We were back on the Isle of Wight a few weeks later but this time with Charlotte who had actually decided to leave the delights of Edinburgh to come home for a fortnight.  While Guy went out in a RIB to watch the powerboat race starts she and I watched them from dry land and then headed across the Island to Freshwater Bay (adjacent to Freshwater, home of Fighting 15s).  It was low tide and we found a pirate cave (well that was what it looked like) although Charlotte decided it was actually the Cave of the Sea Pigeons as they seemed to be the main inhabitants.  Even at low tide we had to wade through eighteen inches of water to get in.  An easy place to get cut off in.


Freshwater Bay


Actually, in retrospect, it probably wasn't a brilliant idea to go inside the cave as on this, the south side of the island, bits of cliff are constantly dropping into the sea which is how they keep discovering dinosaur fossils there.




In fact, when we got back from the Isle of Wight we watched a rather bizarre TV documentary called Dinosaur Britain where they visited this very same bit of coast and even recreated it as it looked in the time of Iguanodons! 




The real reason for going to Freshwater Bay, though, was to restock on the sand I use for basing my figures.  It is quite coarse but not too coarse and the lot I picked up should keep me going for a year or more.  I also got another hundred washers from Hurst (or "Urrrst" as the locals call it), the ironmonger in Cowes, for my skirmish figures.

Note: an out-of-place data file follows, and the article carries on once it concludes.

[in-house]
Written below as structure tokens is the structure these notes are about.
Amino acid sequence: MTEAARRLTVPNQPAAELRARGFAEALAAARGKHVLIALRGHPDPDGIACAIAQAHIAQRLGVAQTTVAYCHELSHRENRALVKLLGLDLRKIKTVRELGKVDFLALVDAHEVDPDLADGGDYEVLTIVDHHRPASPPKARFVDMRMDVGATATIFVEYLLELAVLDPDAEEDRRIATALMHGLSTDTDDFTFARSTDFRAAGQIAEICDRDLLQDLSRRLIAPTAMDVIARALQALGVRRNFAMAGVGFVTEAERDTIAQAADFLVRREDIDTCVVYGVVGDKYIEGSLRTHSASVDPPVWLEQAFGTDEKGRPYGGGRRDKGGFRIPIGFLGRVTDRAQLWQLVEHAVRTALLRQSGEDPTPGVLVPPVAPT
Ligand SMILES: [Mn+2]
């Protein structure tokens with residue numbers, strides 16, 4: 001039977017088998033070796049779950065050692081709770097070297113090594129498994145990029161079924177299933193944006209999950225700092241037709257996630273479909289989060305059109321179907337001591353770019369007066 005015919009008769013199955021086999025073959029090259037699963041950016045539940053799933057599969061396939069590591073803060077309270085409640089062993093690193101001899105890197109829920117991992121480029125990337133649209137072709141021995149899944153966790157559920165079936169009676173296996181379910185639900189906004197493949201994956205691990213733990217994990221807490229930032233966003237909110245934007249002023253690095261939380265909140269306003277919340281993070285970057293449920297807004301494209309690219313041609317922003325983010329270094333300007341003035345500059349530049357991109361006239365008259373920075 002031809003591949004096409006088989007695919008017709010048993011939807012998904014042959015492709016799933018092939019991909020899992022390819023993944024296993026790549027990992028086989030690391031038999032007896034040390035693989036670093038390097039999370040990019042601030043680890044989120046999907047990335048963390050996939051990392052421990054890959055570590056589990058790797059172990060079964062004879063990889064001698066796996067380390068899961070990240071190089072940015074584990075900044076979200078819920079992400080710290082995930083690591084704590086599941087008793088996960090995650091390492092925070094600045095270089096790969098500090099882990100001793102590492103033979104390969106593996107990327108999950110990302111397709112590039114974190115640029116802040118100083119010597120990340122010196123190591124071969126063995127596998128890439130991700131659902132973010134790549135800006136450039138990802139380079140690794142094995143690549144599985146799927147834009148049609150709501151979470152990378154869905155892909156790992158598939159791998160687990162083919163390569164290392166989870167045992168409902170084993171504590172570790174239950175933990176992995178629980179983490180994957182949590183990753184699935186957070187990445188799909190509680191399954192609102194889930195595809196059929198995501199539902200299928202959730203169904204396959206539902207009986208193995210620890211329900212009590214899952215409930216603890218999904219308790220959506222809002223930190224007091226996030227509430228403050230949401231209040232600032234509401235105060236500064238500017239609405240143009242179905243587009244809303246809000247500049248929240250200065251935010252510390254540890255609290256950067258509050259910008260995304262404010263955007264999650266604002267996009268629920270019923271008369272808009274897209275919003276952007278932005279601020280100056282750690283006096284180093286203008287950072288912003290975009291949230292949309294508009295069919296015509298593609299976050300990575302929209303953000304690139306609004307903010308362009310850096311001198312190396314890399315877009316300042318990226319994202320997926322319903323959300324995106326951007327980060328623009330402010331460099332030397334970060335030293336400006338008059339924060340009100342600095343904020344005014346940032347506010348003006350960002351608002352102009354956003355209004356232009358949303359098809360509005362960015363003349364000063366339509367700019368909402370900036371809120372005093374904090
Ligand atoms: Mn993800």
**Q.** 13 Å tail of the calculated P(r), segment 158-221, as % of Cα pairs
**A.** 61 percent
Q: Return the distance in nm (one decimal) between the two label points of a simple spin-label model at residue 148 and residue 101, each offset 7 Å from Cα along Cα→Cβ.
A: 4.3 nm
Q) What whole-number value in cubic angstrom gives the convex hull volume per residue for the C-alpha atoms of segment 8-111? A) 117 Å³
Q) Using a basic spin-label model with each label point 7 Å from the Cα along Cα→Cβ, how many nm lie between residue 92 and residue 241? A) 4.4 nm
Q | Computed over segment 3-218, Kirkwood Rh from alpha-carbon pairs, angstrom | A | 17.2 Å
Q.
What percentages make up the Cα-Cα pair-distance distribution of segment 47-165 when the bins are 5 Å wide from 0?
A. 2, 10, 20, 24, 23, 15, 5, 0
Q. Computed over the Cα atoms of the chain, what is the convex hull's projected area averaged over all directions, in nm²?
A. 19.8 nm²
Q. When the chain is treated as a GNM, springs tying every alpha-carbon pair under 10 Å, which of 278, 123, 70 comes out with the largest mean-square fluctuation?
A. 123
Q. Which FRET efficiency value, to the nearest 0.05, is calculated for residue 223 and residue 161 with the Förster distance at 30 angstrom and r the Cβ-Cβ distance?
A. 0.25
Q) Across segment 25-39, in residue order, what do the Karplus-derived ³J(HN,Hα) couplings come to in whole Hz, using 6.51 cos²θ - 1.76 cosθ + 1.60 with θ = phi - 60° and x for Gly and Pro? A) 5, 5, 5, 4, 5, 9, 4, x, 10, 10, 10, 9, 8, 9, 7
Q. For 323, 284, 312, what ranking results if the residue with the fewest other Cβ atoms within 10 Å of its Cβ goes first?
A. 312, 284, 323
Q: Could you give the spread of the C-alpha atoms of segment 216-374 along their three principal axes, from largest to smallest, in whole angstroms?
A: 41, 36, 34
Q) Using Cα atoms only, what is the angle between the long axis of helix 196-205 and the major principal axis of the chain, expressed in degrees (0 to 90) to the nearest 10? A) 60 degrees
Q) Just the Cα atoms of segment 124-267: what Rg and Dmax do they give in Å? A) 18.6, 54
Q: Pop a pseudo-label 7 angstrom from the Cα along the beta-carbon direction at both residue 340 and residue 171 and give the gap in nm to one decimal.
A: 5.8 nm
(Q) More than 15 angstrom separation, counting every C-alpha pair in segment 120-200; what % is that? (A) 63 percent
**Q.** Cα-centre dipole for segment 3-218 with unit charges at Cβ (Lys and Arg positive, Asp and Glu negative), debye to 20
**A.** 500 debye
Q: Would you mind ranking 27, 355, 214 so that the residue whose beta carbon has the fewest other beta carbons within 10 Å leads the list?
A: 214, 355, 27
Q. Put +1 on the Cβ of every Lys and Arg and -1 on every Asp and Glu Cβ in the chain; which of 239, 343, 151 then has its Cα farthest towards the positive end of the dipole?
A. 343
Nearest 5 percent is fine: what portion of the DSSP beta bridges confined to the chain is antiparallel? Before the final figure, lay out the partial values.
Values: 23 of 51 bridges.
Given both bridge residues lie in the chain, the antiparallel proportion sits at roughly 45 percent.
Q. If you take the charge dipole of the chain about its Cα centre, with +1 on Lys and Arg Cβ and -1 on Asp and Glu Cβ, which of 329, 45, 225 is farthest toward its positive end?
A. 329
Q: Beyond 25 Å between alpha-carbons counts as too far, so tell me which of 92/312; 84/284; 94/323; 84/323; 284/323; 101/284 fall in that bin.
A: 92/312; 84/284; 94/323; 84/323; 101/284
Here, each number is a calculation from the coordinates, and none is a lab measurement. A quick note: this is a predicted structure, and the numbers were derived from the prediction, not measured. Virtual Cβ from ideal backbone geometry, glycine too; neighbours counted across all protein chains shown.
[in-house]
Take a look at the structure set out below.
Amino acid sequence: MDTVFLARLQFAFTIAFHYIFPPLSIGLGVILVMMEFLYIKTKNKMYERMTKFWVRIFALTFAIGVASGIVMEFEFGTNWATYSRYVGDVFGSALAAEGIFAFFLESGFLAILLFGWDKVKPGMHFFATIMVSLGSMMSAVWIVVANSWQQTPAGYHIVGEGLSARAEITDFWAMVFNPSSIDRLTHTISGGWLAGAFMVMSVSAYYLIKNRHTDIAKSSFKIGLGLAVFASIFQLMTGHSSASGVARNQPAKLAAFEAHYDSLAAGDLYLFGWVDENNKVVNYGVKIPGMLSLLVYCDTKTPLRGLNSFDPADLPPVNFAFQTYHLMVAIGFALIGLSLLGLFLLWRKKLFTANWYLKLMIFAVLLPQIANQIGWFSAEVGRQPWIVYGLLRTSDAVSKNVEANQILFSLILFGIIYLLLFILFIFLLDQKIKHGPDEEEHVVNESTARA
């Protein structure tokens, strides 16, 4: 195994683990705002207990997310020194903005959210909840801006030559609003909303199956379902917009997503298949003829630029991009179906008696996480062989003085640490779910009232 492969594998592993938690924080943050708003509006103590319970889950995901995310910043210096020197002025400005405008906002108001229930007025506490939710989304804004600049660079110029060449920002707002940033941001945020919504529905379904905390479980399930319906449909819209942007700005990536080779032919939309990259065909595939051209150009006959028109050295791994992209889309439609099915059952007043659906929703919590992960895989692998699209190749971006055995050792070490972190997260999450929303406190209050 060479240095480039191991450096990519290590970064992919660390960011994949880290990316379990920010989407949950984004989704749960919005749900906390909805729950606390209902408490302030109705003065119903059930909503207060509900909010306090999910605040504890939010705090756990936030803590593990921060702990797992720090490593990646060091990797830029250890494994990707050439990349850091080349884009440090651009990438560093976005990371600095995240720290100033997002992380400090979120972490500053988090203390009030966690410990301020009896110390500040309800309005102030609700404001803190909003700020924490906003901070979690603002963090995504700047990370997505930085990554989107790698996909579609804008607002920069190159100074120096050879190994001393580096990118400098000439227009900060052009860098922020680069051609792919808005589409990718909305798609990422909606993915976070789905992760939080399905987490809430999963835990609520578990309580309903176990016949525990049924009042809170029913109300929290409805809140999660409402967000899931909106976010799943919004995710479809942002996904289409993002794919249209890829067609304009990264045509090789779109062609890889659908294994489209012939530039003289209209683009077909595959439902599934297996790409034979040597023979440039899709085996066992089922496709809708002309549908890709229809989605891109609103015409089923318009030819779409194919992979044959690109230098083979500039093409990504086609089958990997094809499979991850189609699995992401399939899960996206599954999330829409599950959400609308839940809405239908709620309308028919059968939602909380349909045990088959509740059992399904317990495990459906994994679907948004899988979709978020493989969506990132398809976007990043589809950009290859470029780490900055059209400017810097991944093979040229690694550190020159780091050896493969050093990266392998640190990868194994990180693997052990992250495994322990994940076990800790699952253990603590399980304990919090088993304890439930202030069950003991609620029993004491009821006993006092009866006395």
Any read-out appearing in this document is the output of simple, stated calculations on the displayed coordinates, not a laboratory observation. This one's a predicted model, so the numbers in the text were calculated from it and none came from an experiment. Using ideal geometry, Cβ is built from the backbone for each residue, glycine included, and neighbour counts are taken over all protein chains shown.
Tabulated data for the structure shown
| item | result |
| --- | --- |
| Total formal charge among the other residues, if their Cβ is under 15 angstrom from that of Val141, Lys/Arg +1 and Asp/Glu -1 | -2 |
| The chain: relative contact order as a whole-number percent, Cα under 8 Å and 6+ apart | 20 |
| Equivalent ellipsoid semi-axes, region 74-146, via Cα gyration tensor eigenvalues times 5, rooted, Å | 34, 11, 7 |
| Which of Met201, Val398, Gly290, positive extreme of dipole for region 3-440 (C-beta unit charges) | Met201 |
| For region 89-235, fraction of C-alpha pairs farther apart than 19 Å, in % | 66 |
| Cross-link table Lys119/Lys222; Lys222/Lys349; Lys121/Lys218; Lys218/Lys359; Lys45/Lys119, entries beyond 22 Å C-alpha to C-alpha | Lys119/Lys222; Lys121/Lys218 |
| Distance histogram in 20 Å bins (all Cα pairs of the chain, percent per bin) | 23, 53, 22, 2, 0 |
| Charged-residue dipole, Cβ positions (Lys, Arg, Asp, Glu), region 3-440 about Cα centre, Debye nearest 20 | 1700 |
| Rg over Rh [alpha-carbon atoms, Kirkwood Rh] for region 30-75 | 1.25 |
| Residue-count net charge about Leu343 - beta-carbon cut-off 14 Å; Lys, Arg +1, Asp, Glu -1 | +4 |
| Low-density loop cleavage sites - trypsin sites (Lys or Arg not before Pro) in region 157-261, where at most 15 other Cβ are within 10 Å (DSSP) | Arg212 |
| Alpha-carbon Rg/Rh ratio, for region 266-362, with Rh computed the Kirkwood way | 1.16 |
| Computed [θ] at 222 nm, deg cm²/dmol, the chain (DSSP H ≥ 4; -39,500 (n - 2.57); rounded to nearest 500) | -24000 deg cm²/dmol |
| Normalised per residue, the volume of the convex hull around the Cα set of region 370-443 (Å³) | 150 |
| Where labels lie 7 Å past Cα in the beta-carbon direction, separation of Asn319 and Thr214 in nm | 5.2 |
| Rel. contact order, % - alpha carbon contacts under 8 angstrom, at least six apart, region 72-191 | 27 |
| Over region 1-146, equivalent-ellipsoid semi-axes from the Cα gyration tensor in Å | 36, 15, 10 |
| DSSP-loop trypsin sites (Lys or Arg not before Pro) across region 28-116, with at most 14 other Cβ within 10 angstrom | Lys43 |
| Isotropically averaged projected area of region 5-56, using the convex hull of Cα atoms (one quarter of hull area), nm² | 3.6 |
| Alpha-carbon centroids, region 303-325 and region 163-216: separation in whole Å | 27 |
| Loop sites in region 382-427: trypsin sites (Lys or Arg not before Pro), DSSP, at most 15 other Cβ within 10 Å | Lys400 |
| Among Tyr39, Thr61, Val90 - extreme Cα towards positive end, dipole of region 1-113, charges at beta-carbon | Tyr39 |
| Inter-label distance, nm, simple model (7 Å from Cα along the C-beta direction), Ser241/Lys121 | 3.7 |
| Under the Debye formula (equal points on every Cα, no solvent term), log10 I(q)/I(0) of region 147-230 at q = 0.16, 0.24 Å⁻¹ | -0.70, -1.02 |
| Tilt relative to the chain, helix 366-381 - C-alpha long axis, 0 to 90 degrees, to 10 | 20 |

Even better, although the RNLI shop has replaced my favourite Lifeboat tea with inferior Lifesaver tea, Charlotte spotted the original in Waitrose in Cowes and. of course, we got 15% off with the Old Bat's discount.  I stocked up on that too!




Anyway I was determined to paint something this past weekend even though I haven't had many free weekends lately.  So I finished the two Foundry Argonauts at the top of the post and this Warlord Games slave girl who reminds me of a Greek girl I used to work with.  When I told my friend (the one who gets the air mail vegetables) about how lovely she was he didn't believe me, until he met her with me in Leadenhall market!  Anyway, although these slave girls are supposed to be Roman and are due to serve with the legions in the Marcomannic War, she will probably turn up in the Jason and the Argonauts campaign Eric the Shed and I are planning for 2016.  The Greek ruined temple in these pictures was an uncharacteristic present from the Old Bat off eBay.   The grey paint offends my sensibilities though so I intend to repaint it in a more Mediterranean shade.

17 comments:

  1. Good to see what a dull and completely uneventful Summer you've had! You've been missed - welcome back.

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  2. Nice to hear all is well, and that you're putting your time to good use visiting the kids and pining over beer.

    FMB

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  3. Been a quiet few weeks then!? Stop moping and get yourself back to the Shed!!

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    1. I plan to go next week. Can't miss Eric's dock layout!